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Using Melvilles Bartleby, the Scrivener


to Teach Deconstruction in the
Introduction to Fiction Classroom
Todd Giles
Todd is a Ph D student in American literature at the University of Kansas as well as the
Associate Editor of the William Carlos Williams Review.
Note: Paragraphs nine and twelve first appeared in slightly altered form in The Explica-
tor (Fall 2006) in Todds article Non-critical Eye for the Indeterminate Guy: Not Another
Reading of Bartleby, the Scrivener.
One of my main goals as a new teacher of Introduction of Fiction
courses at the University of Kansas is to familiarize my students with a
range of critical approaches to help them enrich their reading, writing,
and thinking skills. As such, I spend the first few weeks of the semester
discussing literary terminologyplot, characterization, dialogue, etc.
and then move on to discussions of feminism, new historicism,
deconstruction, Marxism, psychoanalysis, and queer theory. For example,
in conjunction with The Fall of the House of Usher I like to introduce
classes to psychoanalytic criticism; with The Yellow Wallpaper, femi-
nism; and with Bartleby, the Scrivener, deconstruction. While the classes
are not based on literary theory per se, I do try to make sure our discus-
sions throughout the semester return to the critical terminology as a way
of making connections between the literature itself and the larger soci-
etal issues that not only went into the making the of the texts, but also
those connections we can make in our everyday lives using the literature
as a springboard.
Although our initial class discussions of Bartleby, the Scrivener
begin by addressing a diverse array of readings ranging from the histori-
cal, biographical, psychoanalytical, metaphorical, Marxist, and Christian,
I point out, when we begin talking about deconstruction, that these read-
ings, while attempting to elucidate, often go counter to what/who Bartleby
is, attesting to the difficulty of finding a language which actually does the
story justice. If the text is so elusive, perhaps it is meant to be just that; it
folds back on itself like the folding green screen behind which Bartleby
resides, and as readers, we must remain on the surface of the page, at the
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threshold, like Bartleby at his window. When using Bartleby to address
issues of deconstruction, I focus on binary opposites, indeterminate lan-
guage and spaces, the ungraspable, silence and secrets, the pharmakon,
and Derridas postal metaphor.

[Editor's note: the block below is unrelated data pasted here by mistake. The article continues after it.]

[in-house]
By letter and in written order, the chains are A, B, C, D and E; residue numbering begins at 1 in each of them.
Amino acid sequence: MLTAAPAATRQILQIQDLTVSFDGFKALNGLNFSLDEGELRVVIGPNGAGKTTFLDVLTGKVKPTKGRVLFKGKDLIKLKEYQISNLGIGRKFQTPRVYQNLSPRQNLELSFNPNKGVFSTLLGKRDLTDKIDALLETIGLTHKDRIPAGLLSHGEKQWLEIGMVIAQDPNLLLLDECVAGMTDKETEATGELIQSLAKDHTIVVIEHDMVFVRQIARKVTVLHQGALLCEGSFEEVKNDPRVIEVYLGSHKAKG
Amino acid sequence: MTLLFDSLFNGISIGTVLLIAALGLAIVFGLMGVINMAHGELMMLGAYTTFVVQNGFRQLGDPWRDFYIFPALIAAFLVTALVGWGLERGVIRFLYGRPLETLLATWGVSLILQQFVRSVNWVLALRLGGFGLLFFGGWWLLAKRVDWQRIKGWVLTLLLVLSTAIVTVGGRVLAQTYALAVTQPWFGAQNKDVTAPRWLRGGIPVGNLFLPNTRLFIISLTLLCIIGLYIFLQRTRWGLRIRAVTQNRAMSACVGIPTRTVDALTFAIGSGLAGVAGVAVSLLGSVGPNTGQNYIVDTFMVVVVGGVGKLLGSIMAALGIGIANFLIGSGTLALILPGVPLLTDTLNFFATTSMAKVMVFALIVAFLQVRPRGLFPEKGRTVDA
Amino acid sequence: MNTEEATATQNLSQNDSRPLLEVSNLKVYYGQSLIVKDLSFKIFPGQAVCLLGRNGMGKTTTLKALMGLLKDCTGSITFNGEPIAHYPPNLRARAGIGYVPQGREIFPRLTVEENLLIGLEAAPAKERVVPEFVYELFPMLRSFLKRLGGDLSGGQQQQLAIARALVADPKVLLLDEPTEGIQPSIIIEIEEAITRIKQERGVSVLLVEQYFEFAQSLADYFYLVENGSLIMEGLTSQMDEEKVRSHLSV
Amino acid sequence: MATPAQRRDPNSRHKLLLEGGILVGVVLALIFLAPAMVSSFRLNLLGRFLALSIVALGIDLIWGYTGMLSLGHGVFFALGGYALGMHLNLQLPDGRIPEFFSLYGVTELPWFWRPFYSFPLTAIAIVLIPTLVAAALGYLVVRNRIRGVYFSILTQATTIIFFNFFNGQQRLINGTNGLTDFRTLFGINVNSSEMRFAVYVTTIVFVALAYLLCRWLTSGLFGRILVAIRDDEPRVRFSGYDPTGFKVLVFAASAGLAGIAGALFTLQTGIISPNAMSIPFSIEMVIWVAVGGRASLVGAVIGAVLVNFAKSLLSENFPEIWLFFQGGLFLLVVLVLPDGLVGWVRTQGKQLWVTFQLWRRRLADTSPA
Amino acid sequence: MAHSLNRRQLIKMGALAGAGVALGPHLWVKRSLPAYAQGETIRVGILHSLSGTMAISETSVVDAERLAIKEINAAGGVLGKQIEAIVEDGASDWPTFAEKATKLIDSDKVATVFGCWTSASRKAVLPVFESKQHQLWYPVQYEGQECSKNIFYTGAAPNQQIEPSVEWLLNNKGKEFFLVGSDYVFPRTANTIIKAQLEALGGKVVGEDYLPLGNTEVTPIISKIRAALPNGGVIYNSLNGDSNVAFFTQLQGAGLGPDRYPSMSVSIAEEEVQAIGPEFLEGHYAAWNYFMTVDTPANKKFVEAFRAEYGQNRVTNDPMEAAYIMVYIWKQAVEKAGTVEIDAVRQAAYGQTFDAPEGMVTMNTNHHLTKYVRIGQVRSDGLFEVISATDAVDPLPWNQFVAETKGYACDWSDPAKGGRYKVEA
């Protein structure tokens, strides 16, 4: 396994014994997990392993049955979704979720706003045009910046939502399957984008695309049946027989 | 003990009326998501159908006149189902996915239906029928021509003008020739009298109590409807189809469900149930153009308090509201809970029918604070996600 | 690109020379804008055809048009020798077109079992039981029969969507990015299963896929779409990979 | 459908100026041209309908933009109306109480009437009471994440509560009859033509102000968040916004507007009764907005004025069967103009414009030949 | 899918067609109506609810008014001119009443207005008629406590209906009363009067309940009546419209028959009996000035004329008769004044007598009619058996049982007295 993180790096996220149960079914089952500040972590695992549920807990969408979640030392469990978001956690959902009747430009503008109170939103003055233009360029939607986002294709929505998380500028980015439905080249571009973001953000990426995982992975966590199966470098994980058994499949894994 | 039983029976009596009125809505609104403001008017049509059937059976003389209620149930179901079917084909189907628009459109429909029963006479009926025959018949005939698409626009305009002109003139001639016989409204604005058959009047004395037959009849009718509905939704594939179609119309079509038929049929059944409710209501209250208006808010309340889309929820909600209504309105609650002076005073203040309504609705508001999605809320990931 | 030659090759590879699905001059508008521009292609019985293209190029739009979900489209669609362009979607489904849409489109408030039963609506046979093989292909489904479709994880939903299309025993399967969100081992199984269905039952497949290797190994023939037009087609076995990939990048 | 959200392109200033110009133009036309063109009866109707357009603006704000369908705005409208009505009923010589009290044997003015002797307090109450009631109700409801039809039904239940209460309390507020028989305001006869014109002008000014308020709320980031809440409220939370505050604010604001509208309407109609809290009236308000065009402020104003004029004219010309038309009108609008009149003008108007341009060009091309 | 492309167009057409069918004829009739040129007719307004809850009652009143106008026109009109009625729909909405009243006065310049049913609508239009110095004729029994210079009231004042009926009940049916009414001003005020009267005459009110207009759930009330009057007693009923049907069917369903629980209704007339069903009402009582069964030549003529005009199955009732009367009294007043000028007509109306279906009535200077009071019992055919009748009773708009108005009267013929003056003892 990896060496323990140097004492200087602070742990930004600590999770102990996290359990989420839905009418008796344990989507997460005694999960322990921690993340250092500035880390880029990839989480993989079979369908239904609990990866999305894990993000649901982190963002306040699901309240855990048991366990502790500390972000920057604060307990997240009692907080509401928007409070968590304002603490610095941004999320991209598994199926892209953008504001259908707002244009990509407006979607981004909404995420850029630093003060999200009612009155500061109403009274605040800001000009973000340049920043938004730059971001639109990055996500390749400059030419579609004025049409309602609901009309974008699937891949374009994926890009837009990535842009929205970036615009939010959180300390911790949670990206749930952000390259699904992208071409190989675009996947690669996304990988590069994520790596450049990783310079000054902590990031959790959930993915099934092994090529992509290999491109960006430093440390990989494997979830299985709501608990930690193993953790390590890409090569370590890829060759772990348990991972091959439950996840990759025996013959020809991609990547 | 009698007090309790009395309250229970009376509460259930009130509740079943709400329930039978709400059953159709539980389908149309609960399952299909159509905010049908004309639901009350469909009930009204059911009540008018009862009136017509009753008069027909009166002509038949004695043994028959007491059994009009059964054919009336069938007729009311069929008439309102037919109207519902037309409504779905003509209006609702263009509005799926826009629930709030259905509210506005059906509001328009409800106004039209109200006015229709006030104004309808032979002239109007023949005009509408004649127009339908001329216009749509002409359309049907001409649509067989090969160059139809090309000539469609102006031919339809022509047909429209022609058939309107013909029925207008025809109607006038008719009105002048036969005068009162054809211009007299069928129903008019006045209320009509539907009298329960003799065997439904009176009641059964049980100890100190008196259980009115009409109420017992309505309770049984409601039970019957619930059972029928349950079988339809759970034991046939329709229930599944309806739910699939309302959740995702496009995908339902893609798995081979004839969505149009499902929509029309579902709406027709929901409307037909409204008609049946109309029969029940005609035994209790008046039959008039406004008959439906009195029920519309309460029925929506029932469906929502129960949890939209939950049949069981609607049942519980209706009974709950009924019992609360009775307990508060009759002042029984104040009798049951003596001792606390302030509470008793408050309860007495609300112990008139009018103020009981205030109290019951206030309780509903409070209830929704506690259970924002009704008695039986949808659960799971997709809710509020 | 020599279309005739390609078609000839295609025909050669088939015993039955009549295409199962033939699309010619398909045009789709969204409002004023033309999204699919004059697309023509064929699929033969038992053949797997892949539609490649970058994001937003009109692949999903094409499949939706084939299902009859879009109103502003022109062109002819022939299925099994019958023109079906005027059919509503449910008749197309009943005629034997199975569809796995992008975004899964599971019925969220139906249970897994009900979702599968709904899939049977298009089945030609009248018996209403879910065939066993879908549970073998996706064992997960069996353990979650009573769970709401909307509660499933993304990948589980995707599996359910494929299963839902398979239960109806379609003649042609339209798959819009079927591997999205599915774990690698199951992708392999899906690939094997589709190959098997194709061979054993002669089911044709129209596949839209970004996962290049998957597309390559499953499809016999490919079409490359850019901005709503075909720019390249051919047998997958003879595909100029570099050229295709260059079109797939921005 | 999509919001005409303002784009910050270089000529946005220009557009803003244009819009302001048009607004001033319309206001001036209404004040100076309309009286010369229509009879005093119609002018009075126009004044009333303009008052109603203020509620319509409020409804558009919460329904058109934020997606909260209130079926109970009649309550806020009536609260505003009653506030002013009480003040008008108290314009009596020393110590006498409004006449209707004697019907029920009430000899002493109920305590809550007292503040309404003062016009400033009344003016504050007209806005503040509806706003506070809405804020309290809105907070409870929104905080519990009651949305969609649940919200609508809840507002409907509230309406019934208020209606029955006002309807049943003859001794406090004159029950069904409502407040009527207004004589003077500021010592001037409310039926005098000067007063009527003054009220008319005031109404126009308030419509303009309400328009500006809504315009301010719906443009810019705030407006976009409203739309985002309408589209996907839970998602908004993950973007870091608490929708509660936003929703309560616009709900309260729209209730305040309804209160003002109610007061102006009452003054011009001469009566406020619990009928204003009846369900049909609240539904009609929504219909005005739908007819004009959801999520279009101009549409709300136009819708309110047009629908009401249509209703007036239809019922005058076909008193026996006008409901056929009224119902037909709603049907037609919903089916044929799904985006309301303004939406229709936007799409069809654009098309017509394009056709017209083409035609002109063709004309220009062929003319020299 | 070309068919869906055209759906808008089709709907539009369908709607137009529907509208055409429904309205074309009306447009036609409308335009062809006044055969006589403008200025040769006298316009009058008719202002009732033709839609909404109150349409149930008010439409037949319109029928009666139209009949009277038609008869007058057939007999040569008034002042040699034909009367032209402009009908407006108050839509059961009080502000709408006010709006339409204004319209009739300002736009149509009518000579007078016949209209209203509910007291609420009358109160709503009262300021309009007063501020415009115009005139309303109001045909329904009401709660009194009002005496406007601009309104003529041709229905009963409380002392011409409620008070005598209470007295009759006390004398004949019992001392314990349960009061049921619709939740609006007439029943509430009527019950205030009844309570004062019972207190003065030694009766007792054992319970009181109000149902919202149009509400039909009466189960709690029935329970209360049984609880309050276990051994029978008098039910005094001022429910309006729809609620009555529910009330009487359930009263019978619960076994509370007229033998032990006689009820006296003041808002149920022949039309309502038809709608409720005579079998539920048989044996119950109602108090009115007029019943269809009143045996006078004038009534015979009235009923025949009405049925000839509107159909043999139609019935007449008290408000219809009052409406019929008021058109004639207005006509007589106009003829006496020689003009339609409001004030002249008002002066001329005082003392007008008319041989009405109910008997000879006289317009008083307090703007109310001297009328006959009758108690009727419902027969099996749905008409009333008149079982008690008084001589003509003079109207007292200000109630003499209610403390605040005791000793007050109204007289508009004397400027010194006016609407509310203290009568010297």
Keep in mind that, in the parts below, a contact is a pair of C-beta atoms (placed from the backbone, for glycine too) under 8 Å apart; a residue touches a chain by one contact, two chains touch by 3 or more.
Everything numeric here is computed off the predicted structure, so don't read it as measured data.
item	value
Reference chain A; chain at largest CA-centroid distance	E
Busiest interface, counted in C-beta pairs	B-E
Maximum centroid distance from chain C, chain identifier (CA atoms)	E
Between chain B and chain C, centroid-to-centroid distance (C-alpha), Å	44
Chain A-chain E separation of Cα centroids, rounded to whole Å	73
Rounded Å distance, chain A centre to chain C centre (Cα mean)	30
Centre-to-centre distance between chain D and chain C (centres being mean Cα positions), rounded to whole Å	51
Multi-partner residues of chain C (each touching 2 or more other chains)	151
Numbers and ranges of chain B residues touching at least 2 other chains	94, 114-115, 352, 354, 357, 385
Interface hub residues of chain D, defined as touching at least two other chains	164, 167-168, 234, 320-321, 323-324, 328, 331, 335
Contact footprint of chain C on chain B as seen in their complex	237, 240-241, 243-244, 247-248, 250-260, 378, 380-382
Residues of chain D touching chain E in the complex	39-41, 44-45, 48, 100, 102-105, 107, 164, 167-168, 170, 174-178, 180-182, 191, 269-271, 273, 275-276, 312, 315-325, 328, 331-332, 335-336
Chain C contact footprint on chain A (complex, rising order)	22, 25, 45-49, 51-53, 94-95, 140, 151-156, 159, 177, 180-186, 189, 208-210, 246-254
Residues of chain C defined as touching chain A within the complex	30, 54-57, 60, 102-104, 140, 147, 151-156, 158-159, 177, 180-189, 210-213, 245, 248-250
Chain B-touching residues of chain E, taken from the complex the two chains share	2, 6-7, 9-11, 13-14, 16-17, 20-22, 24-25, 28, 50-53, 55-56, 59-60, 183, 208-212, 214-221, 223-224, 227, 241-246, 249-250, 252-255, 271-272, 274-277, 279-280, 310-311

Introduction to Deconstruction
We begin by discussing the biased and arbitrary nature of language
and how it alters the way we perceive the world. Language is constantly in
flux, unstable. To help students grasp this point, I ask them to think
about new words that have recently entered our vocabulary and old
words which have been altered to take on new meanings: words like
google (as a verb), word (simultaneously a greeting, a question, and
an exclamation), bling (money, gold, flashiness), internet, mouse,
back (a womans posteriorbaby got back!), and ipod.
Deconstruction celebrates the free play of language, pointing out that
texts are always in a perpetual state of change; language is not precise, but
is rather an untanglable web of possibilities. As with the other forms of
criticism I introduce in the classroom, I try to make it clear that these
concepts are not merely templates one lays over a text to help shed light
on it but are instead viable social and political modes of being. As such, I
prompt them to question the presence of any seemingly objective struc-
ture or content in the texts they read and to look beyond surface-level
meanings.
Binary Opposites
Turning now to Bartleby, we discuss binary opposites in general
and how Western religion, philosophy, science, and literature are based
on either/or systems which privilege one pole at the cost of subordinat-
ing the other: us/them, alive/dead, white/black, Christian/Muslim, man/
woman, heterosexual/homosexual, etc. The students have, with binary
opposites, something they can solidly grasp hold of . . . at least tempo-
rarily. Writing these and other binaries on the board with the students
help, I then turn to some of the binaries in Bartleby itself: love/hate,
anger/compassion, alive/dead, solid/spectral, inside/outside, Turkey/
Nippers, acceptance/resistance. I then point out how this divided space